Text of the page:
No, he wasn't, and it was a must for Schwartz to have an effective off-season of training to get himself close to fit.
Schwartz, who injured his elbow in the preseason and missed four games, began the season with one goal in eight games but has caught fire with five goals in six games, including two in a 3-2 win against San Jose on Thursday.
Schwartz looks like he's at or close to 100 percent, and this bodes well for the Blues, who are 5-0-0 when Schwartz scores two or more goals in a game.
"I think what he had to do was trust his work," Hitchcock said of Schwartz. "He's a work-based player. Sure, he's got skill and he can shoot the puck; he's underrated in a lot of things, passing, shooting, he's a little underrated, but his calling card is his work and his determination. That's what had to come back into his game. I think he was on the outside a little bit and not using what I consider his strengths to me, which he's got that second and third work ethic that's unique. He had to start trusting that again and that's what's happening more on a daily basis now. He's really starting to trust his work and I think the scoring is a reflection of how many second chances, third chances he's getting, how many opportunities he's getting because he's put himself in the right spot from a work base."
When Schwartz hounds the puck relentlessly, it bodes well for the Blues and spells bad news for the opposition.
"It always feels nicer," Schwartz said. "It's guys in front doing a good job, taking the goalie's eyes away; that gives you the opportunity to pick a corner. That's big obviously.
"When pucks are going in as a team, it's a little bit of weight off your shoulders. Not relaxed, but you get a better feel shooting the puck."
* Fourth-line trust -- It was another solid game for the Blues' fourth line, which is suddenly giving them a third-line feel.
Kyle Brodziak, Ryan Reaves and Scottie Upshall were right at the top when it came to pinning the big Sharks in their own zone, and Schwartz's second goal was a perfect example of manufacturing a goal.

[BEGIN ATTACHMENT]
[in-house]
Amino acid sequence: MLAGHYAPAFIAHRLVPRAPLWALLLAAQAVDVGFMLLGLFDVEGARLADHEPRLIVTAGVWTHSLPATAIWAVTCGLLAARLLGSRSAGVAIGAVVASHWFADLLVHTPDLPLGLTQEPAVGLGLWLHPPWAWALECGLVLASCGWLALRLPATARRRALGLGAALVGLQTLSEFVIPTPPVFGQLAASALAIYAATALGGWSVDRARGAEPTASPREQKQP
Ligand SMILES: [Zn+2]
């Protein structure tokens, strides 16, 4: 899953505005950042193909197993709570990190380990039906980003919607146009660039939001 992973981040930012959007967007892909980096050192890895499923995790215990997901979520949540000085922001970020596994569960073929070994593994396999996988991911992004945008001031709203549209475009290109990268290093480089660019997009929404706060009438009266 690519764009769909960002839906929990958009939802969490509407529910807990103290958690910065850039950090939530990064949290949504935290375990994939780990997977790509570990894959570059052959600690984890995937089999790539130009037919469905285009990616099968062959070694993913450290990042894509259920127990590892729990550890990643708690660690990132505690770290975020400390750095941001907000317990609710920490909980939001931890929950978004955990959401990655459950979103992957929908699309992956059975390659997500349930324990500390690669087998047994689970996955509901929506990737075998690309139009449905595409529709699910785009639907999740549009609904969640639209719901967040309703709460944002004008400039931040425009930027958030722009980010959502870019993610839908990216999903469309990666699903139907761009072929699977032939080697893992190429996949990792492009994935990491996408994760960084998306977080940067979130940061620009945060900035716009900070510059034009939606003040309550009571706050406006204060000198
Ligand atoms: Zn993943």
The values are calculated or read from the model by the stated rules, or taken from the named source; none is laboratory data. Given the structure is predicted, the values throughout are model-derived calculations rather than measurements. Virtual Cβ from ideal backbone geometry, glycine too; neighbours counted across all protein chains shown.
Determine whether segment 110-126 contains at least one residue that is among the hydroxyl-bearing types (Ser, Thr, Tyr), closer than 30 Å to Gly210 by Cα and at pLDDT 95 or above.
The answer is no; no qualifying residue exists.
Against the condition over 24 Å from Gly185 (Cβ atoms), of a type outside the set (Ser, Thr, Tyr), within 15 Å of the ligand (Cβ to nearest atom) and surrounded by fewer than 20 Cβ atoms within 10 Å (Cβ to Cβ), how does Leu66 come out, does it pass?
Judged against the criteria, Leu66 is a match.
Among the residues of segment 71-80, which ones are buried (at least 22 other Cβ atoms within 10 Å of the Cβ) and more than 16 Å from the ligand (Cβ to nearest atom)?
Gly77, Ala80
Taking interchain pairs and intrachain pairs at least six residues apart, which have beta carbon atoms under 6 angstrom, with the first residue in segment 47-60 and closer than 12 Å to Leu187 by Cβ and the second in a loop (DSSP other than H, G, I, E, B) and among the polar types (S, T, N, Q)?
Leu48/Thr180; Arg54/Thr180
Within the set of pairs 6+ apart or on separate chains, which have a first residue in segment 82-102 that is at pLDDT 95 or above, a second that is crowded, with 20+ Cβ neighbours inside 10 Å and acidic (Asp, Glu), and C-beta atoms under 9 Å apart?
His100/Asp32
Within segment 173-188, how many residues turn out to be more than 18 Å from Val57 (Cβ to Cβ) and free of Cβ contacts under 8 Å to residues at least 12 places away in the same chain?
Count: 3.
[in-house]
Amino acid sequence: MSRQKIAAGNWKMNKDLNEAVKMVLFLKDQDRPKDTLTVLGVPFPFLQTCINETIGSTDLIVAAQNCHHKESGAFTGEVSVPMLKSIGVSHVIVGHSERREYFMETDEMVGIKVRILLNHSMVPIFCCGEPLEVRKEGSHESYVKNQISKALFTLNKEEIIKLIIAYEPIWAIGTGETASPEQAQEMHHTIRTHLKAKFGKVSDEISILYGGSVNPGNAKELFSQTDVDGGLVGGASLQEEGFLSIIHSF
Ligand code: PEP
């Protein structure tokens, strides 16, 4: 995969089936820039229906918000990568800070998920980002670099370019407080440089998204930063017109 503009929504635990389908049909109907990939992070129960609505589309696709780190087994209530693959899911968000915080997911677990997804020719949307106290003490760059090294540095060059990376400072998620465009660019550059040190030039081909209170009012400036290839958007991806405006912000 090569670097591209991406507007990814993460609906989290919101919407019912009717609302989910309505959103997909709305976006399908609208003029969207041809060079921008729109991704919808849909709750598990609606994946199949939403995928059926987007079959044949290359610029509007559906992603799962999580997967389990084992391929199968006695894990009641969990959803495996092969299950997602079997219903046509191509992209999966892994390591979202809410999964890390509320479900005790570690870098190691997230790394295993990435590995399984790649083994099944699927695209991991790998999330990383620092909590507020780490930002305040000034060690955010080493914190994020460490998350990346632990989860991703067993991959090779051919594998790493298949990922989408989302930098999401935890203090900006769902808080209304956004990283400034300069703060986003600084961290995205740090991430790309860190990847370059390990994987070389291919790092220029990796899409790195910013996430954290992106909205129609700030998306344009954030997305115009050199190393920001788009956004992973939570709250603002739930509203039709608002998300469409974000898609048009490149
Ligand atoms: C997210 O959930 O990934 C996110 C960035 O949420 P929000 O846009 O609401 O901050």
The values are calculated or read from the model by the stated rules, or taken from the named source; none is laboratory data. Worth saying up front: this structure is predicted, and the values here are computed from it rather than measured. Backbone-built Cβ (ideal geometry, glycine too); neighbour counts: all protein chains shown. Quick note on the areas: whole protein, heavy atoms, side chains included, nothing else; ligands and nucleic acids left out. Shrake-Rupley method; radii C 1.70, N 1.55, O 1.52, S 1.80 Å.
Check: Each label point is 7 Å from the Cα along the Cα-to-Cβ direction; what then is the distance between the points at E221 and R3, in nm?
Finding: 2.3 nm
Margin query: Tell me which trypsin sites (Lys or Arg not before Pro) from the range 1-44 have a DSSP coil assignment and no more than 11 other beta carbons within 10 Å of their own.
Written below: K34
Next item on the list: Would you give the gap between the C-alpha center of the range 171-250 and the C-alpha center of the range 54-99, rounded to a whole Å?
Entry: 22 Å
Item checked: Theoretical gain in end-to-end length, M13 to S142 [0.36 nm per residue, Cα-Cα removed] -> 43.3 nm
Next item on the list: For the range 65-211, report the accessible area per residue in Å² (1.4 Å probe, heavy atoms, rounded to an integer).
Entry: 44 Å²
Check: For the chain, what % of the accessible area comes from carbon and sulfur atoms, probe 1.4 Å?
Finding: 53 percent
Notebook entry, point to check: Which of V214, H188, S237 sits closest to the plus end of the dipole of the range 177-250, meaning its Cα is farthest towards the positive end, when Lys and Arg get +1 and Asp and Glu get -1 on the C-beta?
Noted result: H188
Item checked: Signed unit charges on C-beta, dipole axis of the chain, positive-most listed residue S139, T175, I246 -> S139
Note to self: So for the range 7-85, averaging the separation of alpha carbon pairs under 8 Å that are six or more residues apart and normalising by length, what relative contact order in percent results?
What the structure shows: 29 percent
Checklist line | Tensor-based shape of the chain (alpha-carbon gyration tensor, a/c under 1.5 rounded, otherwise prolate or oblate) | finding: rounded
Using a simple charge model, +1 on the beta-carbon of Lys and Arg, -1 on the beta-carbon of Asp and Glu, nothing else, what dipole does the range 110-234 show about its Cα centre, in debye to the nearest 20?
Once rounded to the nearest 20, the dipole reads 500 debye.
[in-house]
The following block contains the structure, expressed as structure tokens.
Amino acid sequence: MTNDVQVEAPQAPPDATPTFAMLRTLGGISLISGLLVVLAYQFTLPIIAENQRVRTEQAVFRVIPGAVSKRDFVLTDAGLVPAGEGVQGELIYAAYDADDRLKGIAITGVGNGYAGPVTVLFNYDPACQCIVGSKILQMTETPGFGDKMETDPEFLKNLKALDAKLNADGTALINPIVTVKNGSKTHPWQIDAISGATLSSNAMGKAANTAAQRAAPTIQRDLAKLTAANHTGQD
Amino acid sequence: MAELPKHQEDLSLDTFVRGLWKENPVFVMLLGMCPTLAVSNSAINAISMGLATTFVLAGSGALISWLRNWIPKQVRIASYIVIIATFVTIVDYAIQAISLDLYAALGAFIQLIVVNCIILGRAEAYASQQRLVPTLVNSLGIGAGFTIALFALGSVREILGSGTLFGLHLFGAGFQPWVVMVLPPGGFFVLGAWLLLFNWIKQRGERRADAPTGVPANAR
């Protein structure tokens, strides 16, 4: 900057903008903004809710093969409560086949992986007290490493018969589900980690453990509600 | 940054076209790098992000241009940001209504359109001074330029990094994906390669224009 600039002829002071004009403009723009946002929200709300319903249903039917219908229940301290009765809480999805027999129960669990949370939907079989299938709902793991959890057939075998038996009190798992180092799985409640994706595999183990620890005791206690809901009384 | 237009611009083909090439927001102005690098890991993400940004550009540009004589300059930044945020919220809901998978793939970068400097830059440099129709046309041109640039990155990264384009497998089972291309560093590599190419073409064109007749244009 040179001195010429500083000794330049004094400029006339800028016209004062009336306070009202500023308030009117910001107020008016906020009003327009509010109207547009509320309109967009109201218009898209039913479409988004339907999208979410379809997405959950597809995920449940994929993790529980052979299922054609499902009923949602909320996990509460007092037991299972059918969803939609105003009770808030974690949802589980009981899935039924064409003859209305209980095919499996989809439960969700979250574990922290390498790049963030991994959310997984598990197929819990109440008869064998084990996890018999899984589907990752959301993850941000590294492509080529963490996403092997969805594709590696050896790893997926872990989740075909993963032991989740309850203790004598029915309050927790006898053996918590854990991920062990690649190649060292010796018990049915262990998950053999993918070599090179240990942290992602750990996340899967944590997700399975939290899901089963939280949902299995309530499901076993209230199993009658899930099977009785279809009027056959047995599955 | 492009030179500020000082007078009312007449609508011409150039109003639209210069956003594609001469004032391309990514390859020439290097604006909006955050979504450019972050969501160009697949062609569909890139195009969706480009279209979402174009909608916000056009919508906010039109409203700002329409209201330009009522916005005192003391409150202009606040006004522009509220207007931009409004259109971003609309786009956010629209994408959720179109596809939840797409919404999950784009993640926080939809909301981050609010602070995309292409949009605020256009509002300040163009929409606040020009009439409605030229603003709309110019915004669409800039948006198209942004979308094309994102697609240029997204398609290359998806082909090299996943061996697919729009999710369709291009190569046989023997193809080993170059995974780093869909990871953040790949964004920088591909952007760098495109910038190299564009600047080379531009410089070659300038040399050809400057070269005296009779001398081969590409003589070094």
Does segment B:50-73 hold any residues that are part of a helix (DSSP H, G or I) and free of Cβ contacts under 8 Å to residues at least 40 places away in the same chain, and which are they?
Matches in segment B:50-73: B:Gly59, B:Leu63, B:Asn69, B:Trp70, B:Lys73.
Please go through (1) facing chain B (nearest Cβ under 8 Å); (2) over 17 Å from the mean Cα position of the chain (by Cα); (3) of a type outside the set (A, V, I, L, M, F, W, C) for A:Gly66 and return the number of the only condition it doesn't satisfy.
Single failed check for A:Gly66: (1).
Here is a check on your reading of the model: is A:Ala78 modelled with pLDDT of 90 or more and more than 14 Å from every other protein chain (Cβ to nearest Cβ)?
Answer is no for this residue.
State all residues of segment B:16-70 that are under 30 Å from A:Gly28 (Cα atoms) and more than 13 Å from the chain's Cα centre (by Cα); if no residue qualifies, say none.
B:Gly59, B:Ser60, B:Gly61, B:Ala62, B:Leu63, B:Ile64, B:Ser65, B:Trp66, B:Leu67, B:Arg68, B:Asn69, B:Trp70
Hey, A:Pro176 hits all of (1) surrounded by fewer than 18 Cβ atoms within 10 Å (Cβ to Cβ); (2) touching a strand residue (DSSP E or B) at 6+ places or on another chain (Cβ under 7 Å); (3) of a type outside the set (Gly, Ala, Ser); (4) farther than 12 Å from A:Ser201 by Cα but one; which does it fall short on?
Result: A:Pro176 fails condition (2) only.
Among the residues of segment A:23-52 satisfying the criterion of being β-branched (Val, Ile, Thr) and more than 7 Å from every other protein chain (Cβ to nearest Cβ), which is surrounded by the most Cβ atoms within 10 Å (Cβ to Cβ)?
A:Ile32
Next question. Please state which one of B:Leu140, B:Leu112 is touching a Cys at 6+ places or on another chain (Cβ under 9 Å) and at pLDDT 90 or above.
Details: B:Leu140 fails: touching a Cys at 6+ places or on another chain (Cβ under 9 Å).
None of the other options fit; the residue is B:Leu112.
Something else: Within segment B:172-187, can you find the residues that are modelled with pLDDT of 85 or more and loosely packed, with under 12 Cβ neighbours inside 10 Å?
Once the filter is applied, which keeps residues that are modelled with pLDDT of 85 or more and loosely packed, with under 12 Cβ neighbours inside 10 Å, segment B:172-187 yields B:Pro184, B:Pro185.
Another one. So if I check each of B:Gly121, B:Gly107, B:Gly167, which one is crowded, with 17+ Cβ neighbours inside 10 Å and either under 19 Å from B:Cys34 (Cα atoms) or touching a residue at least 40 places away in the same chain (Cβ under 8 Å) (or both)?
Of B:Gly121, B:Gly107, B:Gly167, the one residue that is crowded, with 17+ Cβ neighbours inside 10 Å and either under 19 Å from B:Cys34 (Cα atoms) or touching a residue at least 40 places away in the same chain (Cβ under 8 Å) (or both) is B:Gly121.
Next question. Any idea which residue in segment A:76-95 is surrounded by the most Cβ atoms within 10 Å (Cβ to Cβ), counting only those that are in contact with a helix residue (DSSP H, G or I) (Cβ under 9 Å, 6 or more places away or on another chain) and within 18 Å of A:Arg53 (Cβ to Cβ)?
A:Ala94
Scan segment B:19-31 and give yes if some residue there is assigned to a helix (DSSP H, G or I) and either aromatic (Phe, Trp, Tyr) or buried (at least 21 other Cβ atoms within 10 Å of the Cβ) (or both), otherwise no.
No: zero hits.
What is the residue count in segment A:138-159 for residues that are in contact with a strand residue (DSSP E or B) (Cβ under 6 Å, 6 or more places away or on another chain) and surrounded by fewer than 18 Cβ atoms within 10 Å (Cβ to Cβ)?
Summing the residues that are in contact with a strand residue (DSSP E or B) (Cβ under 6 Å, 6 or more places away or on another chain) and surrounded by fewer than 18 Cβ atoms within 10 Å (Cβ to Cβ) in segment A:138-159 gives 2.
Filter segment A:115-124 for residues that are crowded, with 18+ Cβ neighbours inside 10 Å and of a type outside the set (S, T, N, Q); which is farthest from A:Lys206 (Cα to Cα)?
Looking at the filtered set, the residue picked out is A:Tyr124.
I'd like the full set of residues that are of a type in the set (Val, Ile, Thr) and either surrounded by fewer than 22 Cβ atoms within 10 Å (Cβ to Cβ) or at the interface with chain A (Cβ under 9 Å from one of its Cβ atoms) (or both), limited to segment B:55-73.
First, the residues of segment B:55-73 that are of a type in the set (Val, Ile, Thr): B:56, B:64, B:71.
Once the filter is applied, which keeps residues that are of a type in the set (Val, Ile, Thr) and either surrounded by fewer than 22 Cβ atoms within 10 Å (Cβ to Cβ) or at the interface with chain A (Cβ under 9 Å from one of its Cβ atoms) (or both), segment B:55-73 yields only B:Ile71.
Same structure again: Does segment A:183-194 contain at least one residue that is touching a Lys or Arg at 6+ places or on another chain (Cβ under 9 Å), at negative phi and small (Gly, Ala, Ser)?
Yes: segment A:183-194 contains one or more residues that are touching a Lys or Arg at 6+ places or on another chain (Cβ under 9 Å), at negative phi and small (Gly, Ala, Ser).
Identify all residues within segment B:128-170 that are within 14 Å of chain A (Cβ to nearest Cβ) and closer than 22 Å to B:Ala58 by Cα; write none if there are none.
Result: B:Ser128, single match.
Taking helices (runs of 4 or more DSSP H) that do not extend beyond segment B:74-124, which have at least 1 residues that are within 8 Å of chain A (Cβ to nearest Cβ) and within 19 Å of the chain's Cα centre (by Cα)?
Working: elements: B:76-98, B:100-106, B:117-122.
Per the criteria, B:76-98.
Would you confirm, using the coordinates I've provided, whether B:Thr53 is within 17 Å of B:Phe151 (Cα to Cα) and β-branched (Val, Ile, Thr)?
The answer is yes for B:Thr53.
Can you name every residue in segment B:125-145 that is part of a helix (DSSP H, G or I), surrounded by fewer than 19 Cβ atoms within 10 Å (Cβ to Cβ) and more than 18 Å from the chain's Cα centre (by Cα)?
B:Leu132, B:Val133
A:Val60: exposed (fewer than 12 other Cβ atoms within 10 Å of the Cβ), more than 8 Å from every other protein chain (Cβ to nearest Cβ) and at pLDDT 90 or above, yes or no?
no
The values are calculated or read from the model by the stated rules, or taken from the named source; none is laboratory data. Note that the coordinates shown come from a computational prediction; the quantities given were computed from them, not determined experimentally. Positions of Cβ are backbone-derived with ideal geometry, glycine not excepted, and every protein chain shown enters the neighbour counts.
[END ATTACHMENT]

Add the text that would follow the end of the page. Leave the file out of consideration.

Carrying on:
Reaves did a lot of the work that kept the puck in the San Jose zone, which Hitchcock said turned into a 65-second shift, which is long for that group by normal standards.
But when all three were checking and hemming the Sharks in, it gave Upshall the chance to get off the ice, get Schwartz on with fresh legs and he finished the play to give the Blues a 2-1 second-period lead.
And in the process, Hitchcock trusts the grou more than ever.
"They're playing the right way, they've got speed in their game, they've got the other teams' ears pinned back against the boards and there's a lot of things they're doing well," Hitchcock said of the group. "We put a lot of faith in them yesterday and there's a few things at the end that we had to meet about today to get corrected. If they can take that seriously and take that and work on that in earnest, then they can manage the clock for us. I think the thing we liked the best is ... this is the first time since they've been together that they've managed the clock properly. It's not turning into a high-energy track meet. They're managing the ice properly, they're managing the clock properly. They've got the other teams pinned back in their own zone, which is a good sign. The product of that is they're getting points. They're getting points like a third line because they're playing the game the right way, but in the last four minutes there, they got loose on it a couple times and it could have done a lot of damage, but they saw it today and hopefully they get that chance tomorrow and I'm sure they'll do a better job with it."